Streetcars Run in Sarajevo for First Time in Two Years
SARAJEVO, Bosnia-Herzegovina (AP) _ Reflecting a semblance of normalcy in war-torn Sarajevo, streetcars began rolling on ″Sniper Alley″ today for the first time in nearly two years.
Several elderly people waiting at Marijin Dvor station cried for joy at the sight of city streetcars running again.
″We are crying out of happiness. My heart is beating. I didn’t expect to survive to see something like this,″ said 61-year-old Emina Ostroski.
Ukrainian U.N. soldiers, who have been guarding crews repairing the streetcar lines in recent weeks, escorted the two streetcars on their trial runs today. If all goes well, regular runs are expected to resume soon.
In another development, Lt. Col. Alf Gorsjo, a spokesman for the U.N. Nordic battalion in northeastern Tuzla, said the United Nations took control of the airport from the Muslim-led government army at midday. About 480 Swedish and Danish U.N. soldiers rolled into the airport Monday.
Bosnian Serbs about six miles outside Tuzla but within shelling range reluctantly agreed a week ago to permit the United Nations to use the airport for relief flights like those that have kept Sarajevans fed since war broke out 23 months ago. The Serbs feared the Muslims would smuggle in arms through the airport.
U.N. relief officials say it would take a week to 10 days before the airport, about 50 miles from Sarajevo, was ready.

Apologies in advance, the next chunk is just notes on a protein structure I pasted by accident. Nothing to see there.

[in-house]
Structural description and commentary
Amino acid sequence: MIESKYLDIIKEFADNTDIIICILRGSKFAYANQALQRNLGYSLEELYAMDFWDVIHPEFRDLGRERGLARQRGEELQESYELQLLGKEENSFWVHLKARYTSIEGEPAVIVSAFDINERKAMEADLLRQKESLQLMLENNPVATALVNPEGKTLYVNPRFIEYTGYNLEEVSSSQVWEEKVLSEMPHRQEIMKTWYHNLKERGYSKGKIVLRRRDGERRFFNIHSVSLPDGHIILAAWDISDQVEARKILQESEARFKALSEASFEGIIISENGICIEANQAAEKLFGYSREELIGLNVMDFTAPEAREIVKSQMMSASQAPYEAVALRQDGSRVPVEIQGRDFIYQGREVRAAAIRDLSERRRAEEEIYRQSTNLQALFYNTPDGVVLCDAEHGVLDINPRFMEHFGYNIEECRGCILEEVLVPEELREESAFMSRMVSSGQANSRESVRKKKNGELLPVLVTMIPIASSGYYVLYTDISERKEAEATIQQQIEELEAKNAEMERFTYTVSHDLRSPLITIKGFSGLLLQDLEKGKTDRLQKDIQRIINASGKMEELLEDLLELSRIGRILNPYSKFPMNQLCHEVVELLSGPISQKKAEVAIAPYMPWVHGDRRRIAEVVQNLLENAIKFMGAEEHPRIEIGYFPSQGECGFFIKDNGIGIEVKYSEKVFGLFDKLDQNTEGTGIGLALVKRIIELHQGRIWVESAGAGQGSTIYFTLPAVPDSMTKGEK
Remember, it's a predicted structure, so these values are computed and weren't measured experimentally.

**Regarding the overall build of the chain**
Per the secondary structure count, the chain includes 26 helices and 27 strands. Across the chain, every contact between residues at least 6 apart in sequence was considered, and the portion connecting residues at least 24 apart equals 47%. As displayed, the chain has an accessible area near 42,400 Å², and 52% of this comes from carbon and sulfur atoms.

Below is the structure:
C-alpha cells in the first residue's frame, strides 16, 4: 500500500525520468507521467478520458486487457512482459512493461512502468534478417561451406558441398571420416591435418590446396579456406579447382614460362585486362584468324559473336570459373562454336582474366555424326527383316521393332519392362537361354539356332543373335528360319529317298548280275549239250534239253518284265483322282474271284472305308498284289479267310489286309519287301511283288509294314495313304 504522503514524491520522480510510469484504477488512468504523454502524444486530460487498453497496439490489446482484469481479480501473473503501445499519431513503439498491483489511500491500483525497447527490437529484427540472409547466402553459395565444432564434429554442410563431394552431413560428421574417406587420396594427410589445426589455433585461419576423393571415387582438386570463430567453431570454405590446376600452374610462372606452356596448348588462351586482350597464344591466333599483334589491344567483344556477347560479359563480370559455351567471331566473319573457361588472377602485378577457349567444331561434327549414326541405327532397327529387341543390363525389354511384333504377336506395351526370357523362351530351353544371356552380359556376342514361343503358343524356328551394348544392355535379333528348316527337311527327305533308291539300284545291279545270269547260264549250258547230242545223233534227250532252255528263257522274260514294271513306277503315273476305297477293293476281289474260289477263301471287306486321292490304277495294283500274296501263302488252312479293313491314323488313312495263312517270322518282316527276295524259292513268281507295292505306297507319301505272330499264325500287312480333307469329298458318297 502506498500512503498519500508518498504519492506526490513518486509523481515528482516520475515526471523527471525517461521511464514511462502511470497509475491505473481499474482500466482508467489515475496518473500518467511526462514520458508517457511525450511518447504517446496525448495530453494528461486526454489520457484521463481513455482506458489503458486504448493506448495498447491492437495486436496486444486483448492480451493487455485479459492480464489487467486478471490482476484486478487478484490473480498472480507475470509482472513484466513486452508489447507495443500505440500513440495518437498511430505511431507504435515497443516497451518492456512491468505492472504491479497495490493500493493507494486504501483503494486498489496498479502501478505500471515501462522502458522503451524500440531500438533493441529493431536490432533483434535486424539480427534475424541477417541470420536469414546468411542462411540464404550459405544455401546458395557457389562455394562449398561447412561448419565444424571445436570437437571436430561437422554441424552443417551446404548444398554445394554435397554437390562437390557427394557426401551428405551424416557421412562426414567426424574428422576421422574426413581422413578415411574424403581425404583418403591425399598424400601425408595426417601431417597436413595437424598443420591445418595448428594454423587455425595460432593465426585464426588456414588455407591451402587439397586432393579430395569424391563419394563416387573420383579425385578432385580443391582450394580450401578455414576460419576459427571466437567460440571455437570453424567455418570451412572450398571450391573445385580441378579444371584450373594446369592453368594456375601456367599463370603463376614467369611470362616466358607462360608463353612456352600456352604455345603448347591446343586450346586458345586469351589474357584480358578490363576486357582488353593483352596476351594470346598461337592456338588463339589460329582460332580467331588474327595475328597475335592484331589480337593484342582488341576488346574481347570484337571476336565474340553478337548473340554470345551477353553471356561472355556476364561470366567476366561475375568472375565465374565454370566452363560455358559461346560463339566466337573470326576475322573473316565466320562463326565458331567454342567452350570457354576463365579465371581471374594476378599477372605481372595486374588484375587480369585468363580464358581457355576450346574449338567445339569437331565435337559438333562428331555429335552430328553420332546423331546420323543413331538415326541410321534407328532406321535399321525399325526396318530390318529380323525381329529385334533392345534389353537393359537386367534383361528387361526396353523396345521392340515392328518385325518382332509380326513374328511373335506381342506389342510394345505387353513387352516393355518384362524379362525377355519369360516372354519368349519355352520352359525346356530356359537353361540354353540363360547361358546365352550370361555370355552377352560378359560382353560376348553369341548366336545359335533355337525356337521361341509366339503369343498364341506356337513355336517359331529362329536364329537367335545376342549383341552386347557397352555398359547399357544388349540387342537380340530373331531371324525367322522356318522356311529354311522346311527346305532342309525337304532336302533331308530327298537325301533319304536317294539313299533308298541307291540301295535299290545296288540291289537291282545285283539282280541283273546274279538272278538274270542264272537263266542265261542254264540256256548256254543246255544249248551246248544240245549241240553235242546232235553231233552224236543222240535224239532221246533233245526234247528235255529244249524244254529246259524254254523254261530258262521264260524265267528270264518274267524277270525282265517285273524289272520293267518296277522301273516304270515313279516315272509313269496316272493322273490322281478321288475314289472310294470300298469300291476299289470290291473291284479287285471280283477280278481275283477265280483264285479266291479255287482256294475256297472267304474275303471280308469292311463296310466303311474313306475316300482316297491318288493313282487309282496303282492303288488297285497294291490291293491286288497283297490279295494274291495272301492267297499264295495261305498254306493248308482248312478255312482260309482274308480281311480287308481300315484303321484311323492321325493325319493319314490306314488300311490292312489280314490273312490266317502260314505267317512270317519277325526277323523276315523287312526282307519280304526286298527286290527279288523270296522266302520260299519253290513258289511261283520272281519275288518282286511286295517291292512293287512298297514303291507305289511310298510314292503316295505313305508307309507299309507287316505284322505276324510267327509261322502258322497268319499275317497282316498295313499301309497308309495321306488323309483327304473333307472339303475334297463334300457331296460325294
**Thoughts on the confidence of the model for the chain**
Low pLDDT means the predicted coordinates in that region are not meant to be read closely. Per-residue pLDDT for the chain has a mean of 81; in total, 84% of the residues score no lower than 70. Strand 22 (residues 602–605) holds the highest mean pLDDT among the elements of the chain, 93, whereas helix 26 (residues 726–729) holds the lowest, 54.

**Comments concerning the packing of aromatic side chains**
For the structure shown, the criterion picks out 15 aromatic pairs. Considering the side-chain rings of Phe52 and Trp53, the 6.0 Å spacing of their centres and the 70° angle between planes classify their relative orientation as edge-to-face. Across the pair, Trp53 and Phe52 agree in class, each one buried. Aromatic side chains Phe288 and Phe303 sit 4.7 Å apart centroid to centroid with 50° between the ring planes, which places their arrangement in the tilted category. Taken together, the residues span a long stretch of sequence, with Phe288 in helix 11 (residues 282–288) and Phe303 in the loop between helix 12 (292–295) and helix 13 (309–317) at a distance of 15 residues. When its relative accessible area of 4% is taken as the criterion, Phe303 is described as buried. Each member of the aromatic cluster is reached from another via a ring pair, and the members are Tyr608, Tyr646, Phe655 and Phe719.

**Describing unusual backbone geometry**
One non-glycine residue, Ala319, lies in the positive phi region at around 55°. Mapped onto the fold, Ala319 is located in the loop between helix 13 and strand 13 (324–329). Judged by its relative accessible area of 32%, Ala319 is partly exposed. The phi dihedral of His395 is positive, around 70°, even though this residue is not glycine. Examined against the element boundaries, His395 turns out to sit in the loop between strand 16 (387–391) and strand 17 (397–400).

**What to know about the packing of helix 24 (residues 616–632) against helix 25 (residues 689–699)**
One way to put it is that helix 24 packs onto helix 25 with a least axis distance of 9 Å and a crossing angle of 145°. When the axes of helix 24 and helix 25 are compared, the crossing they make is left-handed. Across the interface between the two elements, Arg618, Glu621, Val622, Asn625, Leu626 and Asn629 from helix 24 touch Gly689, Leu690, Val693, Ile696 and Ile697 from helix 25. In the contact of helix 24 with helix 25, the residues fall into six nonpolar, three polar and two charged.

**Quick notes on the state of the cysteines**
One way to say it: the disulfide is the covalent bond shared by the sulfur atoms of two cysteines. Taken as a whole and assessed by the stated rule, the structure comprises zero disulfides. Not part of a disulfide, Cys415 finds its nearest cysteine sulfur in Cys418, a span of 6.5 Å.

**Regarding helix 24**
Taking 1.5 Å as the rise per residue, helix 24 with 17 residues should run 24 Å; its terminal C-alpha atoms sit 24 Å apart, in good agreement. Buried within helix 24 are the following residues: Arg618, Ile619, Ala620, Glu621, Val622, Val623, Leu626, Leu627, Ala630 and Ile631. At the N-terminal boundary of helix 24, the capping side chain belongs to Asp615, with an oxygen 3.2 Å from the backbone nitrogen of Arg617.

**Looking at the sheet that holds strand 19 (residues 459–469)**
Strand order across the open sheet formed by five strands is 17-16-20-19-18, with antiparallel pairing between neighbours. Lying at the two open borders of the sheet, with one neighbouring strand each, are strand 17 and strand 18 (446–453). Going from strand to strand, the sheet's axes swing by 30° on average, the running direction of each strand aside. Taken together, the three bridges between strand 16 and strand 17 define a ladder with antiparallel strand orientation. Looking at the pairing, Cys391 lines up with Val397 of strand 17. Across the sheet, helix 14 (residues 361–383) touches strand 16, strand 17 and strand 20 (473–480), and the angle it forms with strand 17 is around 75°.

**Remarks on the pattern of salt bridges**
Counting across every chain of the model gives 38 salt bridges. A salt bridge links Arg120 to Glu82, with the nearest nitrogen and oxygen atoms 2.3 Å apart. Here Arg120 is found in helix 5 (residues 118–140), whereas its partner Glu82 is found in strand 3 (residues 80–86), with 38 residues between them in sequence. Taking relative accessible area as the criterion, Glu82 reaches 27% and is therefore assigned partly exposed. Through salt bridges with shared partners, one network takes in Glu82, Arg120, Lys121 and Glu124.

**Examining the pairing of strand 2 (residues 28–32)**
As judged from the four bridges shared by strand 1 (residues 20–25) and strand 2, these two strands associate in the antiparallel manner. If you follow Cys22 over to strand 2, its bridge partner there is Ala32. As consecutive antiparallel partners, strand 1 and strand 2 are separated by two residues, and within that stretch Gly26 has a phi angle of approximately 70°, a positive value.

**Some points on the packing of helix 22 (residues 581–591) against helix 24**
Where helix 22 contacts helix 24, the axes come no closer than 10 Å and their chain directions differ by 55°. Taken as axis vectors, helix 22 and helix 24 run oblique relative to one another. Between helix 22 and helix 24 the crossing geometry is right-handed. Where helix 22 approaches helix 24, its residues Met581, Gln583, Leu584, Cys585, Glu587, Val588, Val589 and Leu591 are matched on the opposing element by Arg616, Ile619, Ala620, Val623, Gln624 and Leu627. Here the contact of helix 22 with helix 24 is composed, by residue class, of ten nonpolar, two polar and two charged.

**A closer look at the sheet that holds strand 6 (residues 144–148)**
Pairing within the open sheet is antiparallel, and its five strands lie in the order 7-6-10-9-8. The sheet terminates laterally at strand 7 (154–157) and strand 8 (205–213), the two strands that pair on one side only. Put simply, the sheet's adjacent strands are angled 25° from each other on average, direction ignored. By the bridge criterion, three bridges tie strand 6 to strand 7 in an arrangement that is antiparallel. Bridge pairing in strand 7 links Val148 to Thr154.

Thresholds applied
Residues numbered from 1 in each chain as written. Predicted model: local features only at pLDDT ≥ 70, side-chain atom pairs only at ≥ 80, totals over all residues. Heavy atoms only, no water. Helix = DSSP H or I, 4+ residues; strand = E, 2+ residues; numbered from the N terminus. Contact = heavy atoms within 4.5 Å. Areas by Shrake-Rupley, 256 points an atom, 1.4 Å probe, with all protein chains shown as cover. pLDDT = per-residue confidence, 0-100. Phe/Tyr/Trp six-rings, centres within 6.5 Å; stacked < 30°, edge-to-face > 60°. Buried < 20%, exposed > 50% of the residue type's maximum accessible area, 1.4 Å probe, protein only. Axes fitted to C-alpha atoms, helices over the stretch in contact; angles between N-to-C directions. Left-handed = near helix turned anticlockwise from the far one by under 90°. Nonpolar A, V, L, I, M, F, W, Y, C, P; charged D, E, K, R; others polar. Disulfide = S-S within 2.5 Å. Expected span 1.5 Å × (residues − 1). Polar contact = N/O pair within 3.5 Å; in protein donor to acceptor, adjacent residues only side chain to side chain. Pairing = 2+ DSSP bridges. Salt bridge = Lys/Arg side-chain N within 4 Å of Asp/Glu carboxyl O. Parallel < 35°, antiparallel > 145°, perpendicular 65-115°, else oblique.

The Bosnian Serb news agency Srna quoted Radovan Kecojevic, a retired Yugoslav army explosives expert, as saying that the Tuzla airport was studded with mines and that its opening was ″a tremendous risk.″
Violence continued in Sarajevo and elsewhere in Bosnia:
U.N. spokesman Maj. Jose Labandeira said three soldiers of the Muslim-led Bosnian army were wounded Monday in Sarajevo.
Morgue official Alija Hodzic today confirmed one Bosnian army soldier had died from wounds suffered Monday. He also said two soldiers wounded the past several days had died Monday.
At least one rocket-propelled grenade detonated Monday night at the Jewish Cemetery, site of a confrontation line between Bosnian and Serb forces.
Under NATO’s Feb. 5 ultimatum, Bosnian and Serb forces were to pull back all heavy weapons from around Sarajevo or put them under U.N. control. They do not include rocket-propelled grenades.
Bosnian radio reported continuing Serb attacks on the northwestern Muslim enclave of Bihac, scene of heavy Serb shelling in recent days.
The French U.N. battalion in the area reported Monday that a Serb T-55 Soviet-made tank shelled a building in Bihac, and ″the result was three dead and three injured people, all of them civilians,″ Labandeira said.
Alemka Lisinski, a spokeswoman for the U.N. High Commissioner for Refugees in Zagreb, Croatia, said a 10-truck convoy was on its way to the Bosnian town of Maglaj to aid its 19,000 inhabitants, who have been under Serb siege the past nine months.
On Monday, the United Nations declared the Croat-Muslim war in central Bosnia over.
Muslim and Croat officers signed maps of central Bosnia and the southern city of Mostar delineating truces over 180 miles of previously disputed territory.
In Belgrade, Charles Redman, the U.S. special envoy on former Yugoslavia, met with Serbia’s powerful president today to try to sell skeptical Serbs on a new Bosnia peace plan and seek land concessions for rival Muslims and Croats.
″We’re now at a very important stage of a process to try to put together something that would represent an overall settlement for Bosnia,″ Redman said.
Washington hopes Bosnian Serbs, considered the main aggressors in Bosnia’s war, eventually will join the peace plan.
About 200,000 people are dead or missing in the war that began April 1992 when Serbs rebelled against Muslims and Croats who seceded from Serb-dominated Yugoslavia.